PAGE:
Punch cards have been used in computer systems since the very early days of
digital programming. They were probably the first form of read-only memory (ROM), come to think of
it. I hate to have to admit it, but the meager computer used in my high school
computer lab (circa early-mid 1970s) used punched cards. I never took the class,
but stories abounded of how pranksters would shuffle a stack of punch cards
while the student programmer wasn't watching and then get a good laugh when
nothing worked. There are also plenty of cases where a stack was inadvertently
knocked onto the floor and had to be laboriously re-ordered. IBM is the brand
that comes to most people's minds when thinking about the old punched card
computer systems, but other companies like
NCR (National Cash
(Digital Equipment Corporation), and plenty of others others played in the
realm. This advertisement from Bell Telephone Laboratories boasted of their
automated call routing computer system that used a punched card programming
technique to optimally connect telephones from point A to point B in the least
amount of time. It was ground-breaking at the time, which was 1955.
Bell Telephone Laboratories Ad
How your telephone call asks directions ... and gets quick answers
Perforated steel cards, which give directions to the Long Distance dial telephone
system, are easy to keep up to date. New information is clipped (l) and punched
(2) by hand on a cardboard template. This guides the punch-press that perforates
a steel card (3), and the two are checked (4). The new card is put into service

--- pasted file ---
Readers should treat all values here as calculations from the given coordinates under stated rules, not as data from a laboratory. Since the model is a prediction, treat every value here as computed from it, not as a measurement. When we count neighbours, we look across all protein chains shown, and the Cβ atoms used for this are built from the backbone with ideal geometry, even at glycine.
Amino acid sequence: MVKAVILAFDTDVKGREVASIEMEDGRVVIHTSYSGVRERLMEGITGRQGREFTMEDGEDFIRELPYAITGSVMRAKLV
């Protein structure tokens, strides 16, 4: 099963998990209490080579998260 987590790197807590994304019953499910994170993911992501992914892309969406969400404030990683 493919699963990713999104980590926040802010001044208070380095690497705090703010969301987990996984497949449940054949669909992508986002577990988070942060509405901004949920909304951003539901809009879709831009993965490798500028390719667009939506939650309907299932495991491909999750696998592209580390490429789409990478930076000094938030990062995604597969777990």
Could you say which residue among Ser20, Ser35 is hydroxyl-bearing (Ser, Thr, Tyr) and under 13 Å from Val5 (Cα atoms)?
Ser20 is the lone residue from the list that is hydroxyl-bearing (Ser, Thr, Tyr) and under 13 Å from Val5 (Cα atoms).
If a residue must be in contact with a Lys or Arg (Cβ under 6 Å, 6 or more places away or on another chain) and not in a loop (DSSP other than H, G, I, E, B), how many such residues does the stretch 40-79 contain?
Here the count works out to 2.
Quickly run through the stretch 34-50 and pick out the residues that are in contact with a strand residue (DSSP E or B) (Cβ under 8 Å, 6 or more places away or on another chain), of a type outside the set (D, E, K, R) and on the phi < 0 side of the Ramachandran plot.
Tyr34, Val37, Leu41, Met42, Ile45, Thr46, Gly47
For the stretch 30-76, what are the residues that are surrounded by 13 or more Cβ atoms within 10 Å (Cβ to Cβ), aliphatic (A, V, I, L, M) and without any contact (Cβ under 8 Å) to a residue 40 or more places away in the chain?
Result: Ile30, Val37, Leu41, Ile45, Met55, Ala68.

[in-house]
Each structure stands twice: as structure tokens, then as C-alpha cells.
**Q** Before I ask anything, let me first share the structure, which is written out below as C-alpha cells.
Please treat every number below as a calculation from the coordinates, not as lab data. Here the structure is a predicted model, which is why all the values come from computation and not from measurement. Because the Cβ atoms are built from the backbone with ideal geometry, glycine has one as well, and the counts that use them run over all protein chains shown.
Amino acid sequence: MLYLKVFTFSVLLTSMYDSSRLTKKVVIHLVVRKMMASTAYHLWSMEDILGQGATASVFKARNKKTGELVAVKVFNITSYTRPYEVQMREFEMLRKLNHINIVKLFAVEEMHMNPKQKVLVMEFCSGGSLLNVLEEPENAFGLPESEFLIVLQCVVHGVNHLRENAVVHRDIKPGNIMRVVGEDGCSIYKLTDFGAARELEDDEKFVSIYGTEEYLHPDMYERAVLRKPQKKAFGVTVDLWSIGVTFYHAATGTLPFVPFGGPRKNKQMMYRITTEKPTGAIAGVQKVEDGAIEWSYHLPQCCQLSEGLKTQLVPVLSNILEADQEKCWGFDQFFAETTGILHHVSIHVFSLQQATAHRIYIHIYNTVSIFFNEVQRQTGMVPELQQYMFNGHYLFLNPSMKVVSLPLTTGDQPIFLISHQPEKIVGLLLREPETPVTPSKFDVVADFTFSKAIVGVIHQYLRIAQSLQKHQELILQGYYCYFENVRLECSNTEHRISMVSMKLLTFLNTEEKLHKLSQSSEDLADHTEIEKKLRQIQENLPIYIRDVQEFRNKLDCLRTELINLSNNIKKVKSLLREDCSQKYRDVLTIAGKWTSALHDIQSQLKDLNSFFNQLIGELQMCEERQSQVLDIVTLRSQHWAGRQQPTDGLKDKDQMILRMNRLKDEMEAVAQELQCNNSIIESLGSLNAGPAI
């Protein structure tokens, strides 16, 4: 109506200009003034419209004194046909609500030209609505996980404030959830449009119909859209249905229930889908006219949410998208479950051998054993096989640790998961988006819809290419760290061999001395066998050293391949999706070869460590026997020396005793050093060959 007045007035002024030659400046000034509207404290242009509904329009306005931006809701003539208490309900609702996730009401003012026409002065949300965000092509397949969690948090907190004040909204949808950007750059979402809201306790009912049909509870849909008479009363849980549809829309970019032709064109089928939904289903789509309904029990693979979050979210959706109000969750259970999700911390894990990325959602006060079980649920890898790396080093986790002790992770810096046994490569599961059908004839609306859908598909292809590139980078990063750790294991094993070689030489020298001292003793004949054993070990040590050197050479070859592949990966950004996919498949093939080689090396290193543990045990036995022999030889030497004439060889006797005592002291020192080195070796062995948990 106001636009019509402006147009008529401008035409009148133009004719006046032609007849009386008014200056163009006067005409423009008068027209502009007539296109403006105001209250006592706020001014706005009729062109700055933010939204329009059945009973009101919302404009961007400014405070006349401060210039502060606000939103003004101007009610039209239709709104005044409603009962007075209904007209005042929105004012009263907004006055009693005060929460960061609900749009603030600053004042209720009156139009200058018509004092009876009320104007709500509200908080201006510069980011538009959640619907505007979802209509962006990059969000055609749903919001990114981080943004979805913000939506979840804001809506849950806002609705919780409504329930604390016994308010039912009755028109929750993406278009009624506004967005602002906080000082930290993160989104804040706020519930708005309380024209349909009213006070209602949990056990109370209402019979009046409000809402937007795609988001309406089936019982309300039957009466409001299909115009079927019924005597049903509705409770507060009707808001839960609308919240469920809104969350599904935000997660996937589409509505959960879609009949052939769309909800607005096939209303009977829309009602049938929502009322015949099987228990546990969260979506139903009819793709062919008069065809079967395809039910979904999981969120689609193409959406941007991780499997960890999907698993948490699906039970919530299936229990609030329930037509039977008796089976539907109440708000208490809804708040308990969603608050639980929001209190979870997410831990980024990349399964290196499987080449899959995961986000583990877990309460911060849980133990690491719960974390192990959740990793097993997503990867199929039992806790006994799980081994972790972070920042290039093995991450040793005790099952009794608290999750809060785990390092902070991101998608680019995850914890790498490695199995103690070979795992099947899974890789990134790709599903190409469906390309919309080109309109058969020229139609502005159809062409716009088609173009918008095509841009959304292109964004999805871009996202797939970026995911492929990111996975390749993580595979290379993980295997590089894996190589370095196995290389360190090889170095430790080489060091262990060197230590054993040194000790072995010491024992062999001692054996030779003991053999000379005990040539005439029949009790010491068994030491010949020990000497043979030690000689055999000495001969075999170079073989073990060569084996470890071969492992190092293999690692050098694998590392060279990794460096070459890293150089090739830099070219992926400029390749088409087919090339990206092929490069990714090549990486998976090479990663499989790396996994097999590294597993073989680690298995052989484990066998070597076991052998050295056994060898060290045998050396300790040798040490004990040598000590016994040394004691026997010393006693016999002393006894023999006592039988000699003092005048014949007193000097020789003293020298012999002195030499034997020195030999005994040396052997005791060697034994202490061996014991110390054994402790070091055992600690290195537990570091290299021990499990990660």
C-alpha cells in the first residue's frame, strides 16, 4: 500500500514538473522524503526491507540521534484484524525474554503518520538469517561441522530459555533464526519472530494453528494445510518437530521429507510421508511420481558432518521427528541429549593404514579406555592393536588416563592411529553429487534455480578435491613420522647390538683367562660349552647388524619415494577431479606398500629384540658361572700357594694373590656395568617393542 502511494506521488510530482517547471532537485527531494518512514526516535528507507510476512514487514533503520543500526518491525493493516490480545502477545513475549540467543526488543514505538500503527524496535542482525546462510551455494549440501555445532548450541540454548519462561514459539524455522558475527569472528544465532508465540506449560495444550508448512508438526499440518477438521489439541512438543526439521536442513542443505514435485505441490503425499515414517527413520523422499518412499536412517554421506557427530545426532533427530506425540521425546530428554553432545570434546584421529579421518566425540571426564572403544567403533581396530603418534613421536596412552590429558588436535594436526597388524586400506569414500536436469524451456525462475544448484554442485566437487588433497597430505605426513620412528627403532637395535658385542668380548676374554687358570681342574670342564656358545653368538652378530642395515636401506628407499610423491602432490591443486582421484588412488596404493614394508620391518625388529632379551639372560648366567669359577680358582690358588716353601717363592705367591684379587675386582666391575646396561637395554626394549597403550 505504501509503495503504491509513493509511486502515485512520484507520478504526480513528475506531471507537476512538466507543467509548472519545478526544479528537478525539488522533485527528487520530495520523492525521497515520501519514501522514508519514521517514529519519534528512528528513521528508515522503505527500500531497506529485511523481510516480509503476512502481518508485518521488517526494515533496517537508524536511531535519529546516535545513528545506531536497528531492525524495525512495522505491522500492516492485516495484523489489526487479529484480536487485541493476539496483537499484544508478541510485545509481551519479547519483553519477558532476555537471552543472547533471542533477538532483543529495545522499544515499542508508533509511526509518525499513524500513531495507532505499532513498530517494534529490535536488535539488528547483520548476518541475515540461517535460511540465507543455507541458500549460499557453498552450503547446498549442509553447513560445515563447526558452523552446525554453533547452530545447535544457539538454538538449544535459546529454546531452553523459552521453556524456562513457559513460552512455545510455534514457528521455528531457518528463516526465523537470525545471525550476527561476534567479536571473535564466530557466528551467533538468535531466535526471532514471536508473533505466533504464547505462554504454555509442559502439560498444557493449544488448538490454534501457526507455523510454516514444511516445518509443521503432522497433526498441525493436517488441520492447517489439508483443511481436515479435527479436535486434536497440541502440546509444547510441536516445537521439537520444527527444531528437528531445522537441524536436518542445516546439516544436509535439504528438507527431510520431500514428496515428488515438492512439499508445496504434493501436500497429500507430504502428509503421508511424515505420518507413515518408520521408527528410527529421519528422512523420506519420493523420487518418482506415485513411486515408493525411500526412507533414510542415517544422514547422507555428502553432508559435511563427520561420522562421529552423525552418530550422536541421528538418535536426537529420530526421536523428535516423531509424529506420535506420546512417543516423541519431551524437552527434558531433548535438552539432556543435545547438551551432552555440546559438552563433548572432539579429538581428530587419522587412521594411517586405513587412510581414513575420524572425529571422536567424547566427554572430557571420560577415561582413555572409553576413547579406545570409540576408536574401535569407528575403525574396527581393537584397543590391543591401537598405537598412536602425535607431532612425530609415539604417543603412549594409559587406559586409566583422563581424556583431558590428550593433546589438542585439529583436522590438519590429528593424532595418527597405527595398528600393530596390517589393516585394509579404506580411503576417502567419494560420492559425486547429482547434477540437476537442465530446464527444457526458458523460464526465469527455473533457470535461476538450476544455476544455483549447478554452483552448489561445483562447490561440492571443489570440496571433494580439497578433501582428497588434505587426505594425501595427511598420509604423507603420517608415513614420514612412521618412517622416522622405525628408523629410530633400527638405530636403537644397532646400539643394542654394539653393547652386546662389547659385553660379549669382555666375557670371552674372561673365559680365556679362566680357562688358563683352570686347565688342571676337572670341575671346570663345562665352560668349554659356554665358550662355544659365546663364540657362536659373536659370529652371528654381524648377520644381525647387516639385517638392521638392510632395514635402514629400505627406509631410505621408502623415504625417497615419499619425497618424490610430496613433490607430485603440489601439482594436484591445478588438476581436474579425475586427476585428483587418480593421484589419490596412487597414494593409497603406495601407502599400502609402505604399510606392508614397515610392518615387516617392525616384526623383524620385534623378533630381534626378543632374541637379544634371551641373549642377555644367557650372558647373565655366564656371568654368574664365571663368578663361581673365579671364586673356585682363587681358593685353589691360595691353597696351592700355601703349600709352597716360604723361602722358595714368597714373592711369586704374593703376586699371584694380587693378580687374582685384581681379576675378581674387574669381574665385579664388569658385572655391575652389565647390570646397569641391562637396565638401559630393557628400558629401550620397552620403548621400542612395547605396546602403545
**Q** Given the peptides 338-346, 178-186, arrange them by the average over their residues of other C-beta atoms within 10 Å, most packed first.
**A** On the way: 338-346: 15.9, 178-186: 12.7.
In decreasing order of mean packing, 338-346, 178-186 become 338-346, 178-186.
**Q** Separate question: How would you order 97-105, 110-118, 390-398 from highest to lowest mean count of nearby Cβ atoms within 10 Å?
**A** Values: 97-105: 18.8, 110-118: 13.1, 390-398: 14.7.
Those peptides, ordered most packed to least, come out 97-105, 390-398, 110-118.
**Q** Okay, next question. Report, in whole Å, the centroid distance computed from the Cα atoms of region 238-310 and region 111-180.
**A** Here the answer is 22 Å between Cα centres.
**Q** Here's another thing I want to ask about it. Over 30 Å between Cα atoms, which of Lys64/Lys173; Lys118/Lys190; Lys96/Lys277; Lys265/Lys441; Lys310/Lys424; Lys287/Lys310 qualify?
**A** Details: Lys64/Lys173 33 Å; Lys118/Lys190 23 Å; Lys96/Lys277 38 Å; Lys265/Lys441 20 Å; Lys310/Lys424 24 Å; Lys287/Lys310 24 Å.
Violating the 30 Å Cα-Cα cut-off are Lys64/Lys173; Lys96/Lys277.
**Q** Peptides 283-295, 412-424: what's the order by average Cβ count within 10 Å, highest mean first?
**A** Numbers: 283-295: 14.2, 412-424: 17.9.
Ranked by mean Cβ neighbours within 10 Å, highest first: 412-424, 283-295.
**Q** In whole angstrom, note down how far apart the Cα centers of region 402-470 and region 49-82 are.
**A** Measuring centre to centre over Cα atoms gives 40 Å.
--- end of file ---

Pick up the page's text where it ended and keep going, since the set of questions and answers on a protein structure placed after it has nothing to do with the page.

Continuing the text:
in the card translator (5).
When the Bell System's latest dial equipment receives orders to connect your
telephone with another in a distant city, it must find - quickly and automatically
- the best route.
Route information is supplied in code - as holes punched on steel cards. When
a call comes in, the dial system selects the appropriate card, then reads it by
means of light beams and photo-transistors. Should the preferred route be in use
the system looks up an alternate route.
It is a simple matter to keep thousands of cards up to date when new switching
points are added or routing patterns are changed to improve service. New cards are
quickly and easily punched with the latest information to replace out-of-date cards.
This efficient, flexible way of keeping your dial system up to the minute was
devised by switching engineers of Bell Telephone Laboratories, who are continually
searching for ways to improve service and to lower costs. Right now most of the
Long Distance dialing is done by operators, but research is hastening the day when
you will be able to dial directly to other telephones all over the nation.
Bell Telephone Laboratories
Improving telephone service for America provides careers for creative men in
scientific and technical fields.
Posted March 2, 2020